Sprint PCS Group technology and business officials here are gung-ho about the promise of third-generation wireless capabilities for business users, which will begin to roll out by the end of this year and will be nationwide by mid-2002.
Third-generation wireless, known as 3G, refers to an industrywide push to bring dramatically faster data speeds to wireless networks. Sprint's Code Division Multiple Access (CDMA) technology will increase connection speeds 10 times, from 14.4K bit/sec. to 144K bit/sec. Verizon Wireless Inc. and AT&T Wireless Services Inc. are promising similar rollouts by year's end.
Analysts are dubious of all the carriers' projections, but at least Sprint is delivering on some of its recent promises. For example, the wireless division of Sprint exceeded analysts' expectations for new subscribers and revenue in its first-quarter earnings report yesterday.
Sprint added about 875,000 customers in the first quarter, far above some analyst predictions of 700,000. And revenue for wireless totaled US$2.05 billion, up from $1.22 billion for the first quarter of 2000. The wireline side of Sprint, meanwhile, saw a 1 percent decline in revenue, with $4.36 billion compared with $4.4 billion for the first quarter of 2000.
Average revenue per user at Sprint was $60, above analysts' predictions of $59. However, despite all the talk about the value of wireless Web access from handhelds and other devices, only about $1 of the $60 in average revenue per user was from wireless Web usage.
Wireless Web revenue will grow, especially as more users find that it is as much as 10 times faster under 3G to receive e-mail or short messages or even to access a corporate database, said Jay Highley, vice president of business marketing at Sprint PCS.
"Content will be easier to access, and all customers, including voice customers, will see improved network capacity," Highley said in an interview. "Everybody has been talking about what is the killer app with wireless for business for a long time. Well, the killer app for a business sits right on the desktop, but people outside the office can't get to it."
Sprint is already rolling out wireless voice and data and shared pricing plans to "hundreds" of enterprise customers and expects greater interest as 3G bandwidth approaches, he said.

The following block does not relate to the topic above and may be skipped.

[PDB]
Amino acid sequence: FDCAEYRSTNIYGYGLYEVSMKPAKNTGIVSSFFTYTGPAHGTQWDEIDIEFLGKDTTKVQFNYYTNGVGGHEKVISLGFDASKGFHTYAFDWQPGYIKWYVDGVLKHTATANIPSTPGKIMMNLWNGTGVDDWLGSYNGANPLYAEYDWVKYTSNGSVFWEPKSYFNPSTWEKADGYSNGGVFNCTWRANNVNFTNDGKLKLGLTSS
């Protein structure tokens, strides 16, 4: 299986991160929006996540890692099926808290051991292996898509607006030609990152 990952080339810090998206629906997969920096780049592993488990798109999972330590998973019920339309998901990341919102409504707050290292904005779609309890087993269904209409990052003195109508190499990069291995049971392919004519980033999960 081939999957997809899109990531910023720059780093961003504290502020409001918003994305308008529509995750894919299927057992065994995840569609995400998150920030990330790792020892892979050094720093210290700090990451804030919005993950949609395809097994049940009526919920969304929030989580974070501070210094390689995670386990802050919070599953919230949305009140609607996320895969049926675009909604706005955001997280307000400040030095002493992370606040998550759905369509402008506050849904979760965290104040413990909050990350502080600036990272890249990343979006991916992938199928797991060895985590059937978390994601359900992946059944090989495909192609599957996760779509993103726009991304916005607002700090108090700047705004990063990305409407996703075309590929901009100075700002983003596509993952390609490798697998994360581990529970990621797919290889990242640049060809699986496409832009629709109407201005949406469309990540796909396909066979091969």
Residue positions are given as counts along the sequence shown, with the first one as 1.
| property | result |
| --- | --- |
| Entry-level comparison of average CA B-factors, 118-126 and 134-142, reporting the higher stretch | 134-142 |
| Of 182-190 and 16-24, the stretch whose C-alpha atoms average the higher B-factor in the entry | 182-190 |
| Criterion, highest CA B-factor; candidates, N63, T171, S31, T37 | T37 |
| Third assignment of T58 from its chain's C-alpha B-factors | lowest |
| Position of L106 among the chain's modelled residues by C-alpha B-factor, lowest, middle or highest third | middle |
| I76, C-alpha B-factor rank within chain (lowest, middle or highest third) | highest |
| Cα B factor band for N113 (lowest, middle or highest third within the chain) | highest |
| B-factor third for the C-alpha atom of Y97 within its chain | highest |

Analysts and some users are still wary about spending money to bring corporate data to handhelds in a wireless fashion, partly because of worries that 3G will require them to scrap old phones or find network providers that have a comprehensive nationwide network.
Alan Reiter, an analyst at Mobile Wireless and Internet Computing in Chevy Chase, Md., said Sprint still ranks no higher than third place for nationwide coverage in the minds of users.
But Highley said Sprint's network is comprehensive, serving 80 percent of the U.S. population. "Our reputation is that we're not comprehensive, but that's because we're a young company," he said.
Susan Norris, assistant vice president for network systems, said Sprint's 3G plans don't require users to throw out old equipment. "It's backwards-compatible," she said.
Analysts are also wary of advertised 3G speeds, saying that the effective user speeds will be much lower and that the maximum speeds won't work in both directions on the network. Norris said a user's actual speed with 3G will depend on how complex the application is, where the user is in the network and how many other users are simultaneously connected on that part of the network.
Some analysts also expressed a dim view of whether corporate users will want or need streaming video or audio to phones. "It's far-fetched," said IDC analyst Kevin Burden in an interview.
Yet, Highley said, corporations that are highly dependent upon streaming media, such as The Boeing Co. in Seattle, will want to bring such content to handhelds or laptops that work wirelessly.
Both Highley and Norris said Sprint isn't worried about spending money to buy additional wireless spectrum from the Federal Communications Commission, even though some analysts and carriers are urging the FCC to liberalize ways for carriers to get more wireless bandwidth. "We have enough spectrum for 10 years," Norris said.
The big reason is that CDMA technology can provide high-speed throughput with less usage than other technologies, and up to one-fourth the spectrum required by wideband CDMA, Norris said.
While fast connections might matter, analysts and users said latency in wireless connections is a bigger worry. In other words, a user can tap an icon to get data from a Web site, but servers at the Web site and the processing at the phone or handheld will take up precious time.
"We're working on the latency worries," Norris said.
And while many investors are wary of high-tech stocks, Highley believes Sprint wireless services could do well amid an economic downturn. "I'm more bullish about wireless now," he said. "That's because oftentimes turning to technology is a way to gain advantage when other means might fail."
Norris said IT managers need to begin trials with wireless applications now. "The wireless skeptics need to start planning," she urged.